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Daily Dish: New Report on Achievement Standards and Common Core Assessments

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March 08, 2016 04:56 pm


A new report on state achievement standards shows that most states are not setting high, college-ready standards for their students. The findings, released by the American Institutes for Research, examines states’ achievement standards, or “how much the state expects their students to learn in order to reach various levels of academic proficiency,” using the National Assessment of Educational Progress (NAEP) as a benchmark. The study looked at the Smarter Balanced Assessment Consortium (SBAC), the Partnership for Assessment of Readiness for College and Careers (PARCC), and ACT Aspire, which are all Common Core-aligned assessments.

Hechinger Report dove into some of the findings of the study, noting that more than thirty states administered one of the Common Core-aligned tests in 2015, which set a higher standard for proficiency compared to state levels in 2013. However, the study found that there are differences in achievement standards between the three exams, with PARCC setting higher standards than SBAC. None of the three exams require eighth grade students to reach proficient level (as determined by NAEP) in both math and reading. “No one expects a fourth or an eighth grader to be ready for college,” the article explains, “but hitting that proficiency threshold is evidence that the student is on the right track to get there.”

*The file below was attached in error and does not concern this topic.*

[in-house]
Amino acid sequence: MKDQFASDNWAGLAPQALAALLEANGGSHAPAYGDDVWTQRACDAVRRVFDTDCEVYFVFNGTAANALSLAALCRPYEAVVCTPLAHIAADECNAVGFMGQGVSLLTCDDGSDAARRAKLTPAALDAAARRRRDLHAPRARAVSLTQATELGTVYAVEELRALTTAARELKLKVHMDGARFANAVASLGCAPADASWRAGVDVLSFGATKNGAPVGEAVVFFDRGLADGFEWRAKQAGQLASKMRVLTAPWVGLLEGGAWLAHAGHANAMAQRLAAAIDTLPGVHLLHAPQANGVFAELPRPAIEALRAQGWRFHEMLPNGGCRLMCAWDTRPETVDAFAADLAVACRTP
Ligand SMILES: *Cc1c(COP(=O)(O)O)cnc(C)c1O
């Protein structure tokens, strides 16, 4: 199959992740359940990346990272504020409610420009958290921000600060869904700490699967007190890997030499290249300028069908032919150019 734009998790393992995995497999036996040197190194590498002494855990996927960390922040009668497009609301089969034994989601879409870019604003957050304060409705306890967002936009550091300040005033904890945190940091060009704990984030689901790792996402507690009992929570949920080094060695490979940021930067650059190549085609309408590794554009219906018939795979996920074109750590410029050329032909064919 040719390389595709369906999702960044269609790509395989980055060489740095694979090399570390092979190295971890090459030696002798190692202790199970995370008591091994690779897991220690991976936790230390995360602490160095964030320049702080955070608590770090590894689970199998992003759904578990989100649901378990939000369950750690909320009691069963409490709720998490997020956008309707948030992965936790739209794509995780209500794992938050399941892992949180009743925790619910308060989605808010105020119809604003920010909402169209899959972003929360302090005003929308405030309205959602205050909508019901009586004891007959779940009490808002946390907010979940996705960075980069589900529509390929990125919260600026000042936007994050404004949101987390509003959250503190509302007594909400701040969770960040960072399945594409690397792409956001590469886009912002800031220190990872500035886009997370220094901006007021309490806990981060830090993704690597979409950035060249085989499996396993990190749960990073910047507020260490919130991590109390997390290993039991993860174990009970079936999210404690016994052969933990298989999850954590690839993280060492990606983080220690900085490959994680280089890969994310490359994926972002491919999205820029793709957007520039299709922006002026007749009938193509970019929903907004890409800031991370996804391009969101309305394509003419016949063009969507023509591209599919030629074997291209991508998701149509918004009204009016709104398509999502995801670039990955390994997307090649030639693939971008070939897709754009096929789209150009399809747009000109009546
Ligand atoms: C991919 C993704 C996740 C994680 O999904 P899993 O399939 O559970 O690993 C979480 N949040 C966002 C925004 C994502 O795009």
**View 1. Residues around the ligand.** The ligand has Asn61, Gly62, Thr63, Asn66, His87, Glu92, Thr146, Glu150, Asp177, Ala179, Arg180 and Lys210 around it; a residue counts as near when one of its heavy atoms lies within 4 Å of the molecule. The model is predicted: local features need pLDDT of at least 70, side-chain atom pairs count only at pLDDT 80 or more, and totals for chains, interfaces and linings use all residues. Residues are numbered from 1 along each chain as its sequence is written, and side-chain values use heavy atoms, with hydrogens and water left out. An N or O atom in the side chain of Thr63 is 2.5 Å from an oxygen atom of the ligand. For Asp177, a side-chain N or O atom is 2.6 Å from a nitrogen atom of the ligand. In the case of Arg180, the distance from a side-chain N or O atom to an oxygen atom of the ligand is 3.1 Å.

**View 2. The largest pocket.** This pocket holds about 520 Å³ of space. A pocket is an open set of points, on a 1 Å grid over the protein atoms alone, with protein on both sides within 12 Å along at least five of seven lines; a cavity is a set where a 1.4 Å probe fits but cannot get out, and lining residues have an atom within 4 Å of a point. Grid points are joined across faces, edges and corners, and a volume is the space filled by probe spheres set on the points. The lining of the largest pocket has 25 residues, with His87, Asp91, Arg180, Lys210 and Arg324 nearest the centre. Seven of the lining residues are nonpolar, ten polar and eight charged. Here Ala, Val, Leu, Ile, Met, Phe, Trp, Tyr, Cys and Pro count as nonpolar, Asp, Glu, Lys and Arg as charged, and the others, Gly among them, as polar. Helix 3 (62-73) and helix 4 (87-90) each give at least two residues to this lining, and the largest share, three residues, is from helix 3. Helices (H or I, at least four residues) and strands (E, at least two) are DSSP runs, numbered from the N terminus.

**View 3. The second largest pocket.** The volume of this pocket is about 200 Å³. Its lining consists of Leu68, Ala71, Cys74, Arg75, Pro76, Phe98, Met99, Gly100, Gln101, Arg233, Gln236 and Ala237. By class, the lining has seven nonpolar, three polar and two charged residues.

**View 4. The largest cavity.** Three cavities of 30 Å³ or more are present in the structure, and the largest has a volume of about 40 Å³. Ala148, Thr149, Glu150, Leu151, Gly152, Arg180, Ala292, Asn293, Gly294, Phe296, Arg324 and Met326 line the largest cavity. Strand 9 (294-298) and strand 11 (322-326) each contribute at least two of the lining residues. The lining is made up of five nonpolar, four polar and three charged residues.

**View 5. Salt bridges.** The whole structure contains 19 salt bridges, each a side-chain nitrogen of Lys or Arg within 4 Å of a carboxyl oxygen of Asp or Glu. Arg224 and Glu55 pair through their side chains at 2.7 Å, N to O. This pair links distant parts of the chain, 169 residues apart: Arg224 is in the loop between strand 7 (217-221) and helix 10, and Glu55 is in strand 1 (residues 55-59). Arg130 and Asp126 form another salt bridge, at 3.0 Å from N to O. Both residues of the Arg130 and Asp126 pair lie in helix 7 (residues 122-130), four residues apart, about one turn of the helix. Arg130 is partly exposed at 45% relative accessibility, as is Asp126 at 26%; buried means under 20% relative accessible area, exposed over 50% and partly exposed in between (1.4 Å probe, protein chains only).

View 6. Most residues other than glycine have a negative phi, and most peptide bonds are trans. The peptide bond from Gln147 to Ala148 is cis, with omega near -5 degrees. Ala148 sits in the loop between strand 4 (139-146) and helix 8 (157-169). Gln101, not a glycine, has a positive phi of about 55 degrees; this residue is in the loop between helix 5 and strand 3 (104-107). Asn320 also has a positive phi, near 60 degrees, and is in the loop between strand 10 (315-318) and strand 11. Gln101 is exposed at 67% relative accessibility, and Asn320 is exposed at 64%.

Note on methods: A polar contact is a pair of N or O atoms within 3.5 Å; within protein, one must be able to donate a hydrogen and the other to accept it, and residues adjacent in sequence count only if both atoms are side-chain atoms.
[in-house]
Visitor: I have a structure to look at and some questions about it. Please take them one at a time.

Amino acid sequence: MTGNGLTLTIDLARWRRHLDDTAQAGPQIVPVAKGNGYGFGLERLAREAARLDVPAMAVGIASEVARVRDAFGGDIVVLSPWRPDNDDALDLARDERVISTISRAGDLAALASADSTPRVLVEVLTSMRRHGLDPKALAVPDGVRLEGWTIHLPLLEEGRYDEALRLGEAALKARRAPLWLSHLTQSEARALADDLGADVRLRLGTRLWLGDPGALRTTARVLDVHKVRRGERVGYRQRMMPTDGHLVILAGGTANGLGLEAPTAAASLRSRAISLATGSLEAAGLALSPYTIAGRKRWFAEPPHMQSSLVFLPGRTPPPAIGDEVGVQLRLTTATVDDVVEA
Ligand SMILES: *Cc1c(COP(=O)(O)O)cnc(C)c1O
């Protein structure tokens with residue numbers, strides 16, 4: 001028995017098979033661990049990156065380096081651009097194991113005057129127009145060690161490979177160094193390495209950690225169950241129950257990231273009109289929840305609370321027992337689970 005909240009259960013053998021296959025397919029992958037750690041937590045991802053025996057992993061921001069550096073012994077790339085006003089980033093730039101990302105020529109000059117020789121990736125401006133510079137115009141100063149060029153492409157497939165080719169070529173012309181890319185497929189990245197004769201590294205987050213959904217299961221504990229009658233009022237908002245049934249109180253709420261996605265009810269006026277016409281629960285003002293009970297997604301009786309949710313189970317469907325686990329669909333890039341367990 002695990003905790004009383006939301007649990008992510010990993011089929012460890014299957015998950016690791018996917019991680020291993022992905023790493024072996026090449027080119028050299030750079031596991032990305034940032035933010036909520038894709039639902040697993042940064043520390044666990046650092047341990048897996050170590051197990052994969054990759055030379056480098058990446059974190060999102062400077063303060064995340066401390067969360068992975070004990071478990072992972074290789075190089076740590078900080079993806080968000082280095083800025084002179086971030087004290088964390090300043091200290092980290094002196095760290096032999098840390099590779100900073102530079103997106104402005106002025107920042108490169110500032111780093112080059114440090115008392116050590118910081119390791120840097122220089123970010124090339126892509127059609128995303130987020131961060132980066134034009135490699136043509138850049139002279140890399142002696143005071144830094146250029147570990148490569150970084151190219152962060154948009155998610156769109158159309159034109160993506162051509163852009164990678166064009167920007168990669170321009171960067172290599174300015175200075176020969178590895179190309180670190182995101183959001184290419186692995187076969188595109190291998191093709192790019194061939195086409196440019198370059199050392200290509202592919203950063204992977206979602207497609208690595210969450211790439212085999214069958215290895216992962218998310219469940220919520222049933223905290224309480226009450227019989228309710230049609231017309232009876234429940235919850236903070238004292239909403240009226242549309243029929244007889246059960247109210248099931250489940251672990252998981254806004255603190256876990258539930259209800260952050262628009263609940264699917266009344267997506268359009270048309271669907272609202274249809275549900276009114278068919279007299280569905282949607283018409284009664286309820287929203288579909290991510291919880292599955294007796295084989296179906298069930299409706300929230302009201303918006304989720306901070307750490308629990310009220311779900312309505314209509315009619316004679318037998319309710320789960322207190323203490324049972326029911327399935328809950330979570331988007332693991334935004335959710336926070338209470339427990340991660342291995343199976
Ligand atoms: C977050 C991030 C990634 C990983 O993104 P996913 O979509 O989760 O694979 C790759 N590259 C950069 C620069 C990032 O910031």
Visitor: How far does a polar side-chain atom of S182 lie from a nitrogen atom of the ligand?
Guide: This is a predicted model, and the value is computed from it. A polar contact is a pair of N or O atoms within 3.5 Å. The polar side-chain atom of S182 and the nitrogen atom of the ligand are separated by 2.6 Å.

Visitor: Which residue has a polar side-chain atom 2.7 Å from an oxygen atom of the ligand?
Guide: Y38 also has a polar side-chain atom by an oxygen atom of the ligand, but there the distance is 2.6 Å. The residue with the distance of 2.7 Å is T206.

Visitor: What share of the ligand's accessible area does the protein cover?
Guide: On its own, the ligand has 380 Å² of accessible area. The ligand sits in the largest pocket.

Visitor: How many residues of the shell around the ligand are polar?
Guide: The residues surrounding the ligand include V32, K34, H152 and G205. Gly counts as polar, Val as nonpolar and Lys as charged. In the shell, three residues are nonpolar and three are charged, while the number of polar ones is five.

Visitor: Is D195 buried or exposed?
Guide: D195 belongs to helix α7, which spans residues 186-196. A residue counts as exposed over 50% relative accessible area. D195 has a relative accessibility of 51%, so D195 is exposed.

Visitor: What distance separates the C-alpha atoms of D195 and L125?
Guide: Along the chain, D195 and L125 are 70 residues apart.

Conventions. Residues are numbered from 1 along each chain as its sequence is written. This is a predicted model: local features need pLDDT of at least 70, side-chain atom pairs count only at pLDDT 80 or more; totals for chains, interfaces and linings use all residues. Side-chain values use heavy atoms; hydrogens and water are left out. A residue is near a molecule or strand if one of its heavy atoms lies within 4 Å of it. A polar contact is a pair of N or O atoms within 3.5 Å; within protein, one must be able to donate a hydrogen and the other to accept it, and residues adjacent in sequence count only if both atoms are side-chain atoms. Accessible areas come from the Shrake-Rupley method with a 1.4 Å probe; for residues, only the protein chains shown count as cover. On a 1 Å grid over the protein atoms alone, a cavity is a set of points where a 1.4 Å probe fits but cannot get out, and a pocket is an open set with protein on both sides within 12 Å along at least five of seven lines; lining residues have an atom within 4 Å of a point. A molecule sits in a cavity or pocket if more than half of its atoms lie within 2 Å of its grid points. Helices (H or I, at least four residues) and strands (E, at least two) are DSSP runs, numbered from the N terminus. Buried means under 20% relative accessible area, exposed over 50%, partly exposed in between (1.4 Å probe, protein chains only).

Hechinger Report coverage included color coded maps to give a visual representation of states’ expectations for eighth grade students in math, noting that only seventeen states have set expectations on track with college-ready standards.

Hechinger Report

Check out the full piece for more:

A Straight A’s newsletter article explores two new reports that awarded the PARCC and SBAC assessments top marks for test quality, despite these mixed results for achievement standards. The reports found that these tests more effectively target and assess college- and career-readiness skills, compared to ACT Aspire and the Massachusetts Comprehensive Assessment System (MCAS). Produced by the Thomas B. Fordham Institute and the Human Resources Research Organization (HumRRO), the reports used criteria developed by the Council of Chief State School Officers (CCSSO) to measure the quality of the tests, including content and ability to assess the depth of student knowledge. For more on the results, read the article:


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